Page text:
Children across the world are falling through the cracks partly because the current mainstream education system does not encompass holistic approaches to learning. Children are experiencing high rates of stress, anxiety and depression with children being diagnosed at younger and younger ages. Recent research has found that, in less than a decade, mental health presentations to some emergency departments have tripled among those aged 10 to 19.

There urgently needs to be a rethink of education.  In the early years education the over emphasis on early literacy and numeracy, the disappearance of play based learning are of particular concern.  In the primary school years there is the over focusing on prioritizing STEM technology at the expense of quality relationships and learning in natural environments.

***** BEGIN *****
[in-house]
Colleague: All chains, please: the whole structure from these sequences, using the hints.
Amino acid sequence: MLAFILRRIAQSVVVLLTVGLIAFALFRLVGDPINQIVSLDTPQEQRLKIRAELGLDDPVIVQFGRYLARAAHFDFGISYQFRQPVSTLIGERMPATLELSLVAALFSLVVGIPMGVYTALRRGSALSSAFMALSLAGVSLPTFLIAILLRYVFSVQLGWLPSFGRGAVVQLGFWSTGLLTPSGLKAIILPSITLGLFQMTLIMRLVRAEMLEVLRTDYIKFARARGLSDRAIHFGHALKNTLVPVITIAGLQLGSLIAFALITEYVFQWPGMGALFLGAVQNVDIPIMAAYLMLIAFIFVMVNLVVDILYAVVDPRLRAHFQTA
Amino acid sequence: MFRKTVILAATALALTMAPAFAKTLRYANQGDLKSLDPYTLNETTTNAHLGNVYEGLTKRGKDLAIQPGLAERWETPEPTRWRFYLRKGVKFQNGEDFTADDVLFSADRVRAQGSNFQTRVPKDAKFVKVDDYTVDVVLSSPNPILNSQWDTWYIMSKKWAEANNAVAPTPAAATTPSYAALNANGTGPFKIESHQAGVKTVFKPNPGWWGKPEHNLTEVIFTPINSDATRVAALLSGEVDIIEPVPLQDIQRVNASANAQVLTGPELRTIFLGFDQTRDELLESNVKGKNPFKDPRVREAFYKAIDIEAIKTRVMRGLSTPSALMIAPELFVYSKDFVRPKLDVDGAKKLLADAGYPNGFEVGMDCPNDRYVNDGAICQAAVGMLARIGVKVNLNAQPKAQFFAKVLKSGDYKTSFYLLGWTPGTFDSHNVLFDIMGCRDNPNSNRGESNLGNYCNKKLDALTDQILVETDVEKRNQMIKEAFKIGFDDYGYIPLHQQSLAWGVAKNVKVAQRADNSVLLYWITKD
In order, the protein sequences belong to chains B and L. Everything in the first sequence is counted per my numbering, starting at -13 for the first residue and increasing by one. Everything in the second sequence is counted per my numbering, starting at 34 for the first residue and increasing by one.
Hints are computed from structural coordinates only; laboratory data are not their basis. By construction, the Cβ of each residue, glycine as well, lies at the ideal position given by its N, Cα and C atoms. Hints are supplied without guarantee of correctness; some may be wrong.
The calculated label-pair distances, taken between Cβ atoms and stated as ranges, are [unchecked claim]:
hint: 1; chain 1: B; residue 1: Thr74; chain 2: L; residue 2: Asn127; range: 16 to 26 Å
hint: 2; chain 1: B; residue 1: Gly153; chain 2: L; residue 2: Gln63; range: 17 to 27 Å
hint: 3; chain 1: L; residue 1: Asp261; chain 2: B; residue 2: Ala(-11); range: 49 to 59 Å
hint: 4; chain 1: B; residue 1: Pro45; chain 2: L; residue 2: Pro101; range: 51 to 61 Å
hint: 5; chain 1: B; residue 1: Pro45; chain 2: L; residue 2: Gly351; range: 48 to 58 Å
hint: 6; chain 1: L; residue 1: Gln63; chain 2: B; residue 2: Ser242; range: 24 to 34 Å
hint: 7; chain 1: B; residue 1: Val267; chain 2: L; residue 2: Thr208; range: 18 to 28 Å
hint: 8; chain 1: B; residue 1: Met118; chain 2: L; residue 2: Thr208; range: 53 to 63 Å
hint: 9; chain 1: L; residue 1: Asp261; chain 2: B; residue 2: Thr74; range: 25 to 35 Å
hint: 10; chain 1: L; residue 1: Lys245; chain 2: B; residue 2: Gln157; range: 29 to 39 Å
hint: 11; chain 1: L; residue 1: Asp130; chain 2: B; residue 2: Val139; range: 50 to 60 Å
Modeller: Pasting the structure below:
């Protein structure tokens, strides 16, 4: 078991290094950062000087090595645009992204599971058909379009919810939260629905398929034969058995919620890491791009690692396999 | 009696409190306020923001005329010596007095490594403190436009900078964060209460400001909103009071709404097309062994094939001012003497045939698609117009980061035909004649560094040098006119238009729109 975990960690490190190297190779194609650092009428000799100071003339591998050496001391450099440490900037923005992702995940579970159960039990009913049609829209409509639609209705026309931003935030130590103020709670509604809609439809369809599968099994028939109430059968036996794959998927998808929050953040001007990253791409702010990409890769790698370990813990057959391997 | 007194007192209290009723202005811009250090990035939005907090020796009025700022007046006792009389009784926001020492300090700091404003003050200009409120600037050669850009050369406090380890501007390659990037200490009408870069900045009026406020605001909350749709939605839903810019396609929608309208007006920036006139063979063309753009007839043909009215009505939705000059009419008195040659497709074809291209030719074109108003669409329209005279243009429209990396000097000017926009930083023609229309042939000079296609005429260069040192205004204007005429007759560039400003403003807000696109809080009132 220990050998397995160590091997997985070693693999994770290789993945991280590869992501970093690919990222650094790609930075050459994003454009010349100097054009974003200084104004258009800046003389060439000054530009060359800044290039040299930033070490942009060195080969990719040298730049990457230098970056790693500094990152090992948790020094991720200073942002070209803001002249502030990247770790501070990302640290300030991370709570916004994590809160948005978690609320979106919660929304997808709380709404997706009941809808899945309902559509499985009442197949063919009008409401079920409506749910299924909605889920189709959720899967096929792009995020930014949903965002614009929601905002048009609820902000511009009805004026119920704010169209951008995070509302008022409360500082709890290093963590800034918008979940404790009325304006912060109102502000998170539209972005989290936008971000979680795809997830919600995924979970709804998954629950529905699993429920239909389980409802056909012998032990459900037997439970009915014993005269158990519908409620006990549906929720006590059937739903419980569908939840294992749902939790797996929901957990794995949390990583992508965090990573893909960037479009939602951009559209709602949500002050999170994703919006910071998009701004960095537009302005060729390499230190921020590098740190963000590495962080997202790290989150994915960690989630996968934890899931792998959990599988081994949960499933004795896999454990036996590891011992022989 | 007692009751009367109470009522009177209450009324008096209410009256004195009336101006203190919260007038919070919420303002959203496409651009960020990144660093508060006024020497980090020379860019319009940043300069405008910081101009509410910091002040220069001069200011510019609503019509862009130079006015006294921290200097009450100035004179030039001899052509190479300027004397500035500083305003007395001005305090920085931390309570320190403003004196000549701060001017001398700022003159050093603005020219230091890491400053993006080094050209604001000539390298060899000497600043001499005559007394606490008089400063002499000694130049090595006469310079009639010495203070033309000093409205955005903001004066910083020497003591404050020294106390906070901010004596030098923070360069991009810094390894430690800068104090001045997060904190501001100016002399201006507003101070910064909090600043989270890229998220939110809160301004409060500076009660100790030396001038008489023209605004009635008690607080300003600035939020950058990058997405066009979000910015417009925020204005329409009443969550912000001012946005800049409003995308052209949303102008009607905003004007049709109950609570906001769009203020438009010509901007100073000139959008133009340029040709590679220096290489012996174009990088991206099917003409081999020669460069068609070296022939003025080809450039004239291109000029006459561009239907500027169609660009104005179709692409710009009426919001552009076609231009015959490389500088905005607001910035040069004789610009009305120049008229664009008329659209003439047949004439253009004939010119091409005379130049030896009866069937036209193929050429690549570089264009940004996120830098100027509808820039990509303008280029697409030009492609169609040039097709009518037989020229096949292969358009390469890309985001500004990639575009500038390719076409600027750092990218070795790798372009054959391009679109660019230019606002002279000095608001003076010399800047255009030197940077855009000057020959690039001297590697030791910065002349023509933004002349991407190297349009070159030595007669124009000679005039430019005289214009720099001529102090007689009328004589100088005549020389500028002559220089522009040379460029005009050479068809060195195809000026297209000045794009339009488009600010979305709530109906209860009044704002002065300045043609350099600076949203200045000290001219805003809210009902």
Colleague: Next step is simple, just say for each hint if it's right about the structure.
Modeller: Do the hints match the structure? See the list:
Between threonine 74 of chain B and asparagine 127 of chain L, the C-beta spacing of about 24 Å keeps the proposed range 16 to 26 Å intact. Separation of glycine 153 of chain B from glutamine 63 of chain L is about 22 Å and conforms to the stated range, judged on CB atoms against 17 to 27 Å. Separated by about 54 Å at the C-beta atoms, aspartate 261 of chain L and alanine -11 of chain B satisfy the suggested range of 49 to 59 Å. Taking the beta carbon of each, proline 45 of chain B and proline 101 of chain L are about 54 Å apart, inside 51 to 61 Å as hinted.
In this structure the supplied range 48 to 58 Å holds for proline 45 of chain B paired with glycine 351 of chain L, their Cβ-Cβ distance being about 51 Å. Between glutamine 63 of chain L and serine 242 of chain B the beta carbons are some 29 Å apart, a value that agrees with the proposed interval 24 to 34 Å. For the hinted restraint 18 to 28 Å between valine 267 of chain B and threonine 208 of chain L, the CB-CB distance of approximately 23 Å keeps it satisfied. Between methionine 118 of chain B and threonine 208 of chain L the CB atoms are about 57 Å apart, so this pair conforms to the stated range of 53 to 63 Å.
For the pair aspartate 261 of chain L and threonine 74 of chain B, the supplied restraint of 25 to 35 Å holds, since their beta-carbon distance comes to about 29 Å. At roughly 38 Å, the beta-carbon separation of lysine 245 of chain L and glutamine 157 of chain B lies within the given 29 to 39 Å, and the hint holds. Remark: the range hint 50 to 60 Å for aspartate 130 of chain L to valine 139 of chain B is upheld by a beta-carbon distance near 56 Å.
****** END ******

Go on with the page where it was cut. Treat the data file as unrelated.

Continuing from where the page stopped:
Oral storytelling is one of the key features of 21st C/Indigenous education. The power of oral storytelling and handing down of cultural knowledge is discussed  in “The Science of the Dreamtime”.  ABC interviewer and author, Richard Fidler, talks with Patrick Nunn, author of The Edge of Memory.